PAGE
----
Using the Stack and Flat alignments for Baseline Out of Bounds scenarios can be a great way to put pressure on the defense.
In preparation for this article, I tweeted out a poll to see how many BLOB actions coaches use throughout the season. The vast majority of coaches appear to use at least 3-4, and almost a third use five or more. When I organize our actions for the season we are typically putting in our Odd, Even, and Zero Box Sets, along with one Stack or Flat option to use when needed. I especially like to use the Flat and Stack options when faced with a good zone BLOB defense. I have found that zone defenses that flood the strong side with defenders can give our Box Sets trouble, so to counter that we have used Stack and Flat Sets as a way to threaten the rim in a different manner. It probably goes without saying that there is an infinite number of actions you could run, but we are going to look at three simple options that we can break down.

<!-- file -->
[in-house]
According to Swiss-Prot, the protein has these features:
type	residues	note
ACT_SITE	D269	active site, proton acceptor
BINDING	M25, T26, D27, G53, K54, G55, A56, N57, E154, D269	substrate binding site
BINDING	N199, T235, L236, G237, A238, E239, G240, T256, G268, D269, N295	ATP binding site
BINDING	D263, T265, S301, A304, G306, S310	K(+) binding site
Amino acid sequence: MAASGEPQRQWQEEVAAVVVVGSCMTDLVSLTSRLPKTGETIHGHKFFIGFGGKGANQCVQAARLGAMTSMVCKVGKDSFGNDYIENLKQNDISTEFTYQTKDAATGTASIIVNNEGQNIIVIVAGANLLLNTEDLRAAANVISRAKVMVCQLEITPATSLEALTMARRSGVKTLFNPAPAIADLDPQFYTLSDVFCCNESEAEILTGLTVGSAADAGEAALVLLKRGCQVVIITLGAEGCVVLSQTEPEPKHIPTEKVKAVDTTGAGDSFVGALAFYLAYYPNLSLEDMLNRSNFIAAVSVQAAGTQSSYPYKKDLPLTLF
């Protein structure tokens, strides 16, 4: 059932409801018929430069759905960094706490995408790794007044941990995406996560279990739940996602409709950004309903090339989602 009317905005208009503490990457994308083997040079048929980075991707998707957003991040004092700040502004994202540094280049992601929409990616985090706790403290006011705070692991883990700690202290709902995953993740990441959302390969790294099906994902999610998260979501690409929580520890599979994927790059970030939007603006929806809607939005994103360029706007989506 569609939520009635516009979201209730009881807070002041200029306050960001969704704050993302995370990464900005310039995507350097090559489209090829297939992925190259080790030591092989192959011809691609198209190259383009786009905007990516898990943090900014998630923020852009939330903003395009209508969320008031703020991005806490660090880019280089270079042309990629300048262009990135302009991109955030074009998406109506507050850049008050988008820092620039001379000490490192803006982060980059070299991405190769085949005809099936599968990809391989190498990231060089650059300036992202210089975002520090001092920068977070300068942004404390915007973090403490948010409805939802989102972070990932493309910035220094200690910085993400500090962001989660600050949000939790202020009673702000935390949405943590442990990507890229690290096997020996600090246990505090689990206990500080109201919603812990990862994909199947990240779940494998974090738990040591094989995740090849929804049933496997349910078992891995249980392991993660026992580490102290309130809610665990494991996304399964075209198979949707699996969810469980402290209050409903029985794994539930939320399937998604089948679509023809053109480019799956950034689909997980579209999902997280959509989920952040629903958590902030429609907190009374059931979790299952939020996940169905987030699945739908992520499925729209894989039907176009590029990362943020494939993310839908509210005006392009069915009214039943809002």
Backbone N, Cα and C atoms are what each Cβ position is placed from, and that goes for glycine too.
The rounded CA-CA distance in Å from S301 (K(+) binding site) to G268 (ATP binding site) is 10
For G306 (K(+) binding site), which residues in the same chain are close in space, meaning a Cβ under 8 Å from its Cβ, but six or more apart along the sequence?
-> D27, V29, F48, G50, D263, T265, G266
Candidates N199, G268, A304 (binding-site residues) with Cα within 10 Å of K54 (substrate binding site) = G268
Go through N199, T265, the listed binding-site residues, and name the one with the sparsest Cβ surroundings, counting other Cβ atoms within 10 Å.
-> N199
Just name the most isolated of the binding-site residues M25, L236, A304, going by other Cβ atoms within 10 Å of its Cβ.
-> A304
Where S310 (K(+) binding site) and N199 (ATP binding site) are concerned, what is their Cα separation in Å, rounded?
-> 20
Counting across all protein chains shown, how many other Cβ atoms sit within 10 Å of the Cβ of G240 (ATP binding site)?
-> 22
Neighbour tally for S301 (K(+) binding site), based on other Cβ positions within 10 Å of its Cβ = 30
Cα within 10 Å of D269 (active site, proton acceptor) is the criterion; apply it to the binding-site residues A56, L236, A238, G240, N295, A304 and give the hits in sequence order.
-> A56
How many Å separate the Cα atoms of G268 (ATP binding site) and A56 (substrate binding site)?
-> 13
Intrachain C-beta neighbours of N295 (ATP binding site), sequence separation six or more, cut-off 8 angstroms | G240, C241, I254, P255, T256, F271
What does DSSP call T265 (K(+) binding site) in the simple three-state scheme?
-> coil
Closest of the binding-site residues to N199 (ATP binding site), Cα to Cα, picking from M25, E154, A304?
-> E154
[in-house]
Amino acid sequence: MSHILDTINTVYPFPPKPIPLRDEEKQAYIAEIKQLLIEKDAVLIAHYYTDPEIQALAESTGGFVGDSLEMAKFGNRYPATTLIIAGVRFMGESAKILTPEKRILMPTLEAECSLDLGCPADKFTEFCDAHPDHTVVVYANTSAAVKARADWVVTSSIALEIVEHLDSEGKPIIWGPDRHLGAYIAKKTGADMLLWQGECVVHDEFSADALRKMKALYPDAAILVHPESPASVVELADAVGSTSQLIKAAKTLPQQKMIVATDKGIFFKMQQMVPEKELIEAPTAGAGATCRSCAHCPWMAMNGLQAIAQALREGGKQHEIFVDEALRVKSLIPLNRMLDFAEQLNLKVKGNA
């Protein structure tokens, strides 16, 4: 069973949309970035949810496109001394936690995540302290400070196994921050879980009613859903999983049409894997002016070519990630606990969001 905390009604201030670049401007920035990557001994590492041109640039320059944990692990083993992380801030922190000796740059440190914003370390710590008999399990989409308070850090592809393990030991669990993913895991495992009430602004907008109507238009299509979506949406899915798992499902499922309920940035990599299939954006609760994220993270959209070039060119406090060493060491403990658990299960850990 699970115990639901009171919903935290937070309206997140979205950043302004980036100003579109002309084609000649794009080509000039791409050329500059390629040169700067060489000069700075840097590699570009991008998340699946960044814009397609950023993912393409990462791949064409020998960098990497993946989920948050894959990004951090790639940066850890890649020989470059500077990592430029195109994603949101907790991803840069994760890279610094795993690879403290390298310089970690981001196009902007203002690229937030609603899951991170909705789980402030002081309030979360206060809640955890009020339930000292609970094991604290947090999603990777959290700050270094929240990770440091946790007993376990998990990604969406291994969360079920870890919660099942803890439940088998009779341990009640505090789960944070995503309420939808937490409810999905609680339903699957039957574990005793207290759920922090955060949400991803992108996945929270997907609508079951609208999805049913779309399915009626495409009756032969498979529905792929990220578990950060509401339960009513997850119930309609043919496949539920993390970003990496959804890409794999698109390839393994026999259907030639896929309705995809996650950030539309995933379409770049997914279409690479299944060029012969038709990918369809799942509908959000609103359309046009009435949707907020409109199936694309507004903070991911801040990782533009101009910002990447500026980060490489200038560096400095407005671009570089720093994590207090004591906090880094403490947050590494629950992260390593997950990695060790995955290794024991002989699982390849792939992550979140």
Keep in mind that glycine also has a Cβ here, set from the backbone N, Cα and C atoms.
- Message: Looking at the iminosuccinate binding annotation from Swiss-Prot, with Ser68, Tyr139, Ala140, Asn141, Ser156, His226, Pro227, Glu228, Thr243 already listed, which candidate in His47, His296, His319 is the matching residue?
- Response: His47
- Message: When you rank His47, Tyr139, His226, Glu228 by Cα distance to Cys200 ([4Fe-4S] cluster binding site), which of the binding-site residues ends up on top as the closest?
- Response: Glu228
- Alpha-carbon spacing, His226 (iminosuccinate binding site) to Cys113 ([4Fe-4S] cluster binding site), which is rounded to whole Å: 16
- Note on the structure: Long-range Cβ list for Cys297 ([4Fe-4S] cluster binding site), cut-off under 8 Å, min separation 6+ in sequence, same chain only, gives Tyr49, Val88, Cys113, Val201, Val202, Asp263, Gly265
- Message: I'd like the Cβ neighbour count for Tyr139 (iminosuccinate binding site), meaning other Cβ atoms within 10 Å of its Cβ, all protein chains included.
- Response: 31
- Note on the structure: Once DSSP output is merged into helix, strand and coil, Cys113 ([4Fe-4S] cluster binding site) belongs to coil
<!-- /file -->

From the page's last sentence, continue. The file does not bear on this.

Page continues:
Check out our other Special Situations Series Posts:
Stack Options -
Using a Stack Alignment is a great way to put pressure on a single area of the floor. In most Stack sets the offense is trying to concentrate the defense in a small area of the floor in an attempt to slip a player into an open portion of the court. In both of the Stack Actions we will break down we are trying to shift the defense in one direction while opening up a different area of the floor.
The name "Triple" comes from the three-person stack that is formed on the ball side lane line. The 2 Man (or a Good Shooter) is positioned on the opposite elbow.
We are placing our best scorer as the 4 Man. Ultimately the goal is to get him a touch around the rim.